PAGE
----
Description - Using RTI for School Improvement by Cara F. Shores
This resource helps administrators and teachers implement RTI as a powerful school improvement process. Response to Intervention (RTI) is currently being adopted throughout the United States as a method for documenting eligibility for a learning disability as permitted in the reauthorization of IDEA 2004. The model most often chosen involves a three- or four-tier pyramid incorporating general education classroom components in the lower tiers and special education as the final tier. Using RTI for School Improvement illustrates how integrating RTI into all aspects of a school can go beyond assessing learning disabilities to make a significant positive impact on schoolwide student achievement. The authors show how educators can successfully implement each tier to provide effective instruction for all learners, develop an intervention approach for students at risk, and provide intensive intervention for non-responding learners.
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(254mm x 177mm x mm)
SAGE Publications Inc
Publisher: SAGE Publications Inc
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Author Biography - Cara F. Shores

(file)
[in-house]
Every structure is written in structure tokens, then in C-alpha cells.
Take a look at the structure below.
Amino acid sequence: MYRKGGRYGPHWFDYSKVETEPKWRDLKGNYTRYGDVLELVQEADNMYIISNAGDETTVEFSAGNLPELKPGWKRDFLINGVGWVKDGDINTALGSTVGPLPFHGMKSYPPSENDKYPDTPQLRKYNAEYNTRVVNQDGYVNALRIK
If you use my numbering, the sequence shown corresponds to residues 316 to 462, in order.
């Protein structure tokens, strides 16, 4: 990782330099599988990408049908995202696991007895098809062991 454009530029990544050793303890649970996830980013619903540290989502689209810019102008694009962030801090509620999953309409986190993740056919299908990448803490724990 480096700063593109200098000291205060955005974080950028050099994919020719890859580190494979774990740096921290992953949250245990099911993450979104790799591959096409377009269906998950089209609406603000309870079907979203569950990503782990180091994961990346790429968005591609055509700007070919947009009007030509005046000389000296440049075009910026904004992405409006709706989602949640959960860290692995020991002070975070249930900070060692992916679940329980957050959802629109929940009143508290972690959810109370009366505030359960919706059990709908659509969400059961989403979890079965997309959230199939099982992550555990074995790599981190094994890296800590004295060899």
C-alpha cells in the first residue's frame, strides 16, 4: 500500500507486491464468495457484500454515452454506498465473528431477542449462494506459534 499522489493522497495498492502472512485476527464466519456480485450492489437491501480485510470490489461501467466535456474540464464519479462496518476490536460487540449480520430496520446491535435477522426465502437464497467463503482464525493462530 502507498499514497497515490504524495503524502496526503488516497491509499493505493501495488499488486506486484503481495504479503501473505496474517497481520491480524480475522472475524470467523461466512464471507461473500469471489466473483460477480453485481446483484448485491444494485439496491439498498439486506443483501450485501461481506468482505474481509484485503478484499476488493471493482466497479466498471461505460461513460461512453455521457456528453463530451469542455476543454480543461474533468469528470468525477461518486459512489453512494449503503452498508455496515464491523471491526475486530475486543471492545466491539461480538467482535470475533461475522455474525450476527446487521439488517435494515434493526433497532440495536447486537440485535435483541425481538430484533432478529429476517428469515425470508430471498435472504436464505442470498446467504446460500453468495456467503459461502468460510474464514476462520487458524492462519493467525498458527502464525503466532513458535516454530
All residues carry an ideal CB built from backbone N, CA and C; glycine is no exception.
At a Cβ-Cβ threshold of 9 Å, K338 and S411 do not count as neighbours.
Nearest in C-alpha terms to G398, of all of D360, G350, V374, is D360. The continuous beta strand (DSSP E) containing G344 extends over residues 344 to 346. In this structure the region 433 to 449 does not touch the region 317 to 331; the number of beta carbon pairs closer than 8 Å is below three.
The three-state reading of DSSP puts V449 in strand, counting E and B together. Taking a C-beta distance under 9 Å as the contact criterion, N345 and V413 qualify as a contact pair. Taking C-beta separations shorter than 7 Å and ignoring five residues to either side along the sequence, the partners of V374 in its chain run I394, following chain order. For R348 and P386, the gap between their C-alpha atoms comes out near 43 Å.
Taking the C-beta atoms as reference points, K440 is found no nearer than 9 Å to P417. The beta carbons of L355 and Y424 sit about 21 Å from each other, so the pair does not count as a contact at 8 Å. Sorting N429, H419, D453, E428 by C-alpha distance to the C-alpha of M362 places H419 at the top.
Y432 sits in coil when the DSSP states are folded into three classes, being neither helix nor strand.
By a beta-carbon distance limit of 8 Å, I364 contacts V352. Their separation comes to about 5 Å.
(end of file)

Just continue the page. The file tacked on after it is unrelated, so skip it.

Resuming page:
Cara Shores began her career as a special education teacher and taught children in both pullout and inclusive classrooms. Shores has trained thousands of teachers and administrators across the United States on practical strategies for inclusion, co-teaching, and increasing achievement for all students through differentiated instruction and RTI. She provides regional and national training for the Council for Exceptional Children. She is co-author of Response to Intervention: A Practical Guide for Every Teacher. Shores now serves as the president of Wesley Educational Services. She received her master's degree and educational specialists's degree from the University of West Georgia and has served as student support services coordinator and district director of special education. Kim Chester served as a regular education teacher in an inclusive classroom for many years. During this time, she implemented effective principles of co-teaching and differentiating instruction to meet the diverse needs in her classroom. After her youngest child was born with cerebral palsy, she went back to school to receive her MEd in special education from Kennesaw State University. Currently, she works as a parent mentor in her local school system, as a region AYP consultant, and an educational consultant for Wesley Educational Services. In addition, Chester serves on various committees, including the Governor's Council on Developmental Disabilities in Georgia. She enjoys working with students and teachers in classroom settings and providing practical strategies for raising student achievement through inclusion, co-teaching, differentiated instruction, behavior management, and RTI.